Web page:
NEW YORK CITY, New York: The American hedge fund Third Point has purchased a stake worth some $1 billion in Walt Disney, adding that it plans to urge the media company to make a number of changes, including selling cable sports channel ESPN, buying back shares and adding new board members.
Not long after exiting Disney, when fears about rising prices and faster interest rate hikes caused a sharp market selloff, Third Point's head, billionaire investor Daniel Loeb, made a U-turn when he built a new stake in Disney in the second quarter.
Third Point now owns some 0.4 percent of the media company known for its theme parks and movies, and has praised the company's CEO, Robert Chapek, and a list of initiatives aimed at boosting growth.
In a letter seen by Reuters, written after Disney said quarterly profits jumped 50 percent and its streaming subscriptions overtook Netflix, Loeb told Chapek, "Our confidence in Disney's current trajectory is such that we have, in recent weeks, repurchased a significant stake in the Company."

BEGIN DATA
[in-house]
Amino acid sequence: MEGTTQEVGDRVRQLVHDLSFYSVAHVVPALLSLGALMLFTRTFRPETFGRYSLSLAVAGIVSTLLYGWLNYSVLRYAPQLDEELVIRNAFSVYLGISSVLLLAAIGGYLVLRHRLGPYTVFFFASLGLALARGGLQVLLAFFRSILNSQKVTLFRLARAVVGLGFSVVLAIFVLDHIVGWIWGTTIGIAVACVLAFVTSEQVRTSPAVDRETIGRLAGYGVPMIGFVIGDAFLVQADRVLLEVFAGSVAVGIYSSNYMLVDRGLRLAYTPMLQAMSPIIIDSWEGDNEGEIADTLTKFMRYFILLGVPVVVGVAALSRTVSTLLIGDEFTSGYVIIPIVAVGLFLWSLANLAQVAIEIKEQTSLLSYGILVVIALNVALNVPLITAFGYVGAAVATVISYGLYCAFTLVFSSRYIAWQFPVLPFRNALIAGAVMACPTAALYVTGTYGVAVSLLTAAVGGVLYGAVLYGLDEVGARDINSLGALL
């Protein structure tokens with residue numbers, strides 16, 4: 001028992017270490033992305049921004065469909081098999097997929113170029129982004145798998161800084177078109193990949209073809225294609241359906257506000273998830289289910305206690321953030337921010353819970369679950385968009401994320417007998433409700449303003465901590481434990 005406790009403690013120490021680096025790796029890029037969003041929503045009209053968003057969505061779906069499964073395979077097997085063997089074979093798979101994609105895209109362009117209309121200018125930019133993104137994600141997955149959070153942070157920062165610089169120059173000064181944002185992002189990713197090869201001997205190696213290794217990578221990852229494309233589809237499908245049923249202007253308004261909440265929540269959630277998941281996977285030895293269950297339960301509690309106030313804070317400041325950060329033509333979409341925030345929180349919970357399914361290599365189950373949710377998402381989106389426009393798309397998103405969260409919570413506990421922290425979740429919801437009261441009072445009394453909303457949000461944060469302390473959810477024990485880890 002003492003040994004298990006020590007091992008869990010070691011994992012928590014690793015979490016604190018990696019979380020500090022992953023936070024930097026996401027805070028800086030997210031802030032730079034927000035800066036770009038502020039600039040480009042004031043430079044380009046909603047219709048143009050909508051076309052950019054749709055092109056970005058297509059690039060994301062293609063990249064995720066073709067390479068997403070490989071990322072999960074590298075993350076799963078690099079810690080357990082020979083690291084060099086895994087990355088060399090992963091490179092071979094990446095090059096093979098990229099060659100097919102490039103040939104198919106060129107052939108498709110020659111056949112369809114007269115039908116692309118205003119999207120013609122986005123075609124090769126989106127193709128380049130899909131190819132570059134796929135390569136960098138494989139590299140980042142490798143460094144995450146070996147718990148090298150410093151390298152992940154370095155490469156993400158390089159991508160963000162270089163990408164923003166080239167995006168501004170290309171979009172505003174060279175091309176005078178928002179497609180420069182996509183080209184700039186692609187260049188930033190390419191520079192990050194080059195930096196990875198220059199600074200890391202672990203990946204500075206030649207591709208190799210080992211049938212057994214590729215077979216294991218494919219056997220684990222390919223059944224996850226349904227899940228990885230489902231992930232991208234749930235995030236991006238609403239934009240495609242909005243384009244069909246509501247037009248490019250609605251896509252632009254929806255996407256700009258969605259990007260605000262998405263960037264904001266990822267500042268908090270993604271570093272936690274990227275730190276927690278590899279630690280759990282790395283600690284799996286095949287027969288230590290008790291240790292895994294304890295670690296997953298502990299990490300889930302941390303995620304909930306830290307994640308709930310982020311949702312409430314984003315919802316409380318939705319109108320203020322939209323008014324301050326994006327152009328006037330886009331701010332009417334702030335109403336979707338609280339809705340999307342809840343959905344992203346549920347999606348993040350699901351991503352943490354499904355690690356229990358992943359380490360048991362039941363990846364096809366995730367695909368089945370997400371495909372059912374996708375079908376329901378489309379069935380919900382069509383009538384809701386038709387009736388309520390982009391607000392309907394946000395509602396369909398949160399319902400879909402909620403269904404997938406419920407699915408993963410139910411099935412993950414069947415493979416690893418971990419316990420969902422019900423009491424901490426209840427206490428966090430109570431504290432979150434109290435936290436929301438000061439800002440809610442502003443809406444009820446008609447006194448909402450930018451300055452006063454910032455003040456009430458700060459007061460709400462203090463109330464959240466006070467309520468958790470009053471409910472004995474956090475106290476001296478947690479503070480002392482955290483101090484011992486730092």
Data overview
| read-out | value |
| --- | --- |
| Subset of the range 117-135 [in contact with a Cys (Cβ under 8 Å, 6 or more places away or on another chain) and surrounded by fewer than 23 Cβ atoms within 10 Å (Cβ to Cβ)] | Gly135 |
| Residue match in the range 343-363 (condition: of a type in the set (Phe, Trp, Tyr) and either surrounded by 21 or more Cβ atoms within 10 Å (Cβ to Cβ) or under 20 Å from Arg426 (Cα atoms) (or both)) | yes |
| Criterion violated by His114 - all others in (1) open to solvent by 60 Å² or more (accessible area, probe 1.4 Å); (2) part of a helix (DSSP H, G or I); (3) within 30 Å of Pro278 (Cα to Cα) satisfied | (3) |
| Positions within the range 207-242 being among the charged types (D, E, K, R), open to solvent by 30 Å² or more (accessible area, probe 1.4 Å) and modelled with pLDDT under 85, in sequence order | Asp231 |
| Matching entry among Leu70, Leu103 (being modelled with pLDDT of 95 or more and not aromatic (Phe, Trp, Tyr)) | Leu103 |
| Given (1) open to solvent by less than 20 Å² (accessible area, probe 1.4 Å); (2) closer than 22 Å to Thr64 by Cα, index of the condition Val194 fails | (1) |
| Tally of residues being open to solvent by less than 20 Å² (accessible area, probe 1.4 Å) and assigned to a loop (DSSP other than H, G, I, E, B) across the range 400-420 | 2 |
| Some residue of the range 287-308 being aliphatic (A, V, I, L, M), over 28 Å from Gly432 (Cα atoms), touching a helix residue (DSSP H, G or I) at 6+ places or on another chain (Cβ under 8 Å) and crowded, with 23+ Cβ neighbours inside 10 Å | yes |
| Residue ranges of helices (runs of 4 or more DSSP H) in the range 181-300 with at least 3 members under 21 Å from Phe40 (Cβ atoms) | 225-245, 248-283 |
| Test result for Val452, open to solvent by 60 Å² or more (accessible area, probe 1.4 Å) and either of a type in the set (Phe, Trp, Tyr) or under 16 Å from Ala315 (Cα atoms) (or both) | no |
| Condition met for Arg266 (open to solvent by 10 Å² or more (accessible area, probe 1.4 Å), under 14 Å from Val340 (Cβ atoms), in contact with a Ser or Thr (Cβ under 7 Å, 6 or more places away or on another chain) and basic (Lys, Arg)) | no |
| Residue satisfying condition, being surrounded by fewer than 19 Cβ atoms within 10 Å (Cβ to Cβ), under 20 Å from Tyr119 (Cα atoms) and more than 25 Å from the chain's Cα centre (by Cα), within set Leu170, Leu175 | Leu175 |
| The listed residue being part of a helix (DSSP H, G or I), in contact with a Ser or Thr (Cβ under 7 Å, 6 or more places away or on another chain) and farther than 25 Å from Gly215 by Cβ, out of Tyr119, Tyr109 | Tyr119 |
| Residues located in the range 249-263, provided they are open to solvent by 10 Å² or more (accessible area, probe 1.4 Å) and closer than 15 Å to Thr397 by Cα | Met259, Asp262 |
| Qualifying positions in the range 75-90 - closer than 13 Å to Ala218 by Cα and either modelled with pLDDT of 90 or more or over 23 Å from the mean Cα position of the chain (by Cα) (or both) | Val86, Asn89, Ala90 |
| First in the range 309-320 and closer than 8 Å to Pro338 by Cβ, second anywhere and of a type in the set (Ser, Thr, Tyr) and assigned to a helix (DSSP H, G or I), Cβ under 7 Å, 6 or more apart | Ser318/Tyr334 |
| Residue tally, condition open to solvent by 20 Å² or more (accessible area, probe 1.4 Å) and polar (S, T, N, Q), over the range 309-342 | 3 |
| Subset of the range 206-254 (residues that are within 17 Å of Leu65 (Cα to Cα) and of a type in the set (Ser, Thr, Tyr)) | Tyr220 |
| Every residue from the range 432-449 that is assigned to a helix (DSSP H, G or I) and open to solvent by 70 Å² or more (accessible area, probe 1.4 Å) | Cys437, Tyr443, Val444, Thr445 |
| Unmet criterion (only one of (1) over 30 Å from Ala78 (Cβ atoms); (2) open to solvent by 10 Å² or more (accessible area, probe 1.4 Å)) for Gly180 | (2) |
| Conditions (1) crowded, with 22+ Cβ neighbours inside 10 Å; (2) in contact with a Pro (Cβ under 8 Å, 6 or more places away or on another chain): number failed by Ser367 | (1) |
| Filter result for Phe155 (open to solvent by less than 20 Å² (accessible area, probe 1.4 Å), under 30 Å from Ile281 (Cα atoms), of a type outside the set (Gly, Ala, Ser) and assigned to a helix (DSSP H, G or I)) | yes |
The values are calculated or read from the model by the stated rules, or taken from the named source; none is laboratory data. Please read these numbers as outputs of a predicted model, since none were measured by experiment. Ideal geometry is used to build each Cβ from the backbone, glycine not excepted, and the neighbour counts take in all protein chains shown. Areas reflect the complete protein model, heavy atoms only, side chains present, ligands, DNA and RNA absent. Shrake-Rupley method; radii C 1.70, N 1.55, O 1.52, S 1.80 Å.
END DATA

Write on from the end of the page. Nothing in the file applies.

Chapek has faced criticism in Hollywood over a 2021 dispute with the star of Marvel film "Black Widow," Scarlett Johansson, as well as for a political storm over the company's response to a new education law on gender identity and sexual orientation in Florida, where the company employs some 80,000 people, which caused Florida Governor Ron DeSantis to rail against "Woke Disney."
In his letter, Loeb said the company's management may already be considering the changes he proposed, including cost cuts, paying down debt and buying back shares, adding that Disney's board needs to be refreshed, and finding "gaps in talent and experience as a group that must be addressed."
In a statement, Disney said it welcomes "the views of all our investors."
After the announcement, Disney's stock, which has declined by some 21 percent since January, was up 2.2 percent at $124.21.
Like other prominent hedge fund managers, Loeb has weathered double-digit losses this year and sold nearly all technology names earlier in the year to limit the damage, sources said.